Keith really wanted me to have a medal-winning stag and, though I was grateful for the generous offer, I would be happy with a cull animal. As it turned out, a heavy-bodied stag, certainly over a decade old with weakening antlers came out of the woods. He presented the best target. He'd sired his fair share of offspring for sure. It was time for him to come out. I dropped him cleanly with the first shot on the other side of the river. We dragging him back and gralloched him, and he came home with me in the back of my truck. I owed Paul ('trophies in the house' category) a deer, and Paul needed a good sized animal right away. There's a Food Fair coming up and Paul is making sausages to sell.
Well done, old man.

I won't keep the head as a trophy, but I will keep the antlers to make my own priest. A 'priest' is a heavy tool for dispatching wounded birds. It's called a priest for the macabre reason that it is delivering the bird's last rites. I have to drill out a section of antler and fill it with lead or shot to increase the weight. I've never made one before so two antlers gives me two chances to get it right.

The best part about getting my sika stag is: I'm now ahead of Mike in the race to finish the 'Big 6'. I still have to attempt the red, the muntjac, and the chinese water deer. I'd better get reading.

7 comments:

Terry Scoville said...

Congratulations on a fine stag. Good luck on the continuation of your Big 6.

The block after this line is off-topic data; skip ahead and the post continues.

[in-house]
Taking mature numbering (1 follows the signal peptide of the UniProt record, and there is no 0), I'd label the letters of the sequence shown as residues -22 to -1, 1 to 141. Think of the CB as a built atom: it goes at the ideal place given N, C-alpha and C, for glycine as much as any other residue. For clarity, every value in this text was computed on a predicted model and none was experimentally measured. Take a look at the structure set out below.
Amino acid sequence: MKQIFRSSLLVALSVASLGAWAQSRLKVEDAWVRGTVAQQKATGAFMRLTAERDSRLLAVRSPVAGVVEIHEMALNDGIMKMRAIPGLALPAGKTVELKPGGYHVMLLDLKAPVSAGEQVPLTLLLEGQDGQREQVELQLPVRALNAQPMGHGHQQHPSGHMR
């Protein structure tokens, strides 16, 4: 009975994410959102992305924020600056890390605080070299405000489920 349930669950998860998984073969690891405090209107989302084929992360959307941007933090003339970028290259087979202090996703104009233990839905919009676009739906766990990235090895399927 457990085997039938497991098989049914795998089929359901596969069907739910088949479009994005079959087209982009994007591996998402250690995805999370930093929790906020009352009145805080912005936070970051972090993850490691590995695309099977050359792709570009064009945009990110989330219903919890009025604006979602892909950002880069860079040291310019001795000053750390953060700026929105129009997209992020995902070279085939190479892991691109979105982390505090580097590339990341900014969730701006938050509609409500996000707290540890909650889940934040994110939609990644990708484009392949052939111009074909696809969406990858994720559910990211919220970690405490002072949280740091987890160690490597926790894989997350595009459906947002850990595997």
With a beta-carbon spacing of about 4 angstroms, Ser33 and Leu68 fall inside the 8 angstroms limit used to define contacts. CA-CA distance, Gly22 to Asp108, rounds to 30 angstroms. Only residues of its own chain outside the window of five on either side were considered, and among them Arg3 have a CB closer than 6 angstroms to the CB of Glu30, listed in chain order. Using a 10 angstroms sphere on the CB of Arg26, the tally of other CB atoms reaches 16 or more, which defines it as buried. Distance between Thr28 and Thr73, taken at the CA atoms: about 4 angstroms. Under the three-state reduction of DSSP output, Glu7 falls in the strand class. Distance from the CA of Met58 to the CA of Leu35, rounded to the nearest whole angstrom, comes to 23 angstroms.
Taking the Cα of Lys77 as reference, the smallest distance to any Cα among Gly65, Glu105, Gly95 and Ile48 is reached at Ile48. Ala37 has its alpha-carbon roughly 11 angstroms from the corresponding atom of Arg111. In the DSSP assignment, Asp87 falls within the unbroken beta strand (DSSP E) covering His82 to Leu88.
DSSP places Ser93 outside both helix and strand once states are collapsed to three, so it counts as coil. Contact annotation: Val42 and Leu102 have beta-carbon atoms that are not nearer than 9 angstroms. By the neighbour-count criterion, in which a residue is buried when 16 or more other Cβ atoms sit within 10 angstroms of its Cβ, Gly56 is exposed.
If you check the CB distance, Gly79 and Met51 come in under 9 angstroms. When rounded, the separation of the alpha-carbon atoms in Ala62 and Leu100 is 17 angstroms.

Interested to hear more about your "priest" project too.

Tamar said...

Jen -- I am awed by your prowess. As we go into hunting season, I'm relegated to the bleachers because I didn't manage to get my license. And, oh yeah, that small problem of not knowing how to use a gun.

I figure this is my year to get used to the idea of killing a large mammal, and next year will be my year to do it.

Poppy Cottage said...

Hello Stranger. What was the green tomato cake like?

Well done for the kill. Jasper will be very impressed!!

Have a lovely weekend.

Colette

Jennifer Montero said...

Tamar - Even if you don't shoot it, I expect you'll get stuck into butchering which is every bit as important. Plus you can do it in the warmth while listening to NPR. DH will have to brave the elements to bring it home. I look forward to reading about your first successful hunt!

Jen

Sara said...

Now I can't stop thinking about the movie, The Deer Hunter, with the mention of "one shot" to kill a deer, haha. I like how you were able to choose an older male that has already served the herd well.

morning turtle said...

I know this post is old, but I've been reading through your blog (here by way of Starving off the Land) I'm fascinated by the idea of a "priest", which I gather is a more interesting and specific name for a club. A bit of Googling shows me that there are priests for fish as well. Now I feel a bit primitive for quieting down those bluefish with a good rap from my heavy needle nose pliers! Anyway, fascinating read! I look forward to catching up to the present!

Jennifer Montero said...

You're exactly right, and anything that is small enough to carry but heavy enough to deliver a fatal blow makes a good priest. I carry a small brass fish priest on shoot days; some people carry broken axe handles, others fancy weighed antlers, etc.

I do use one of these antlers as a priest too, the other I found makes a great dibber for seed sowing in the garden.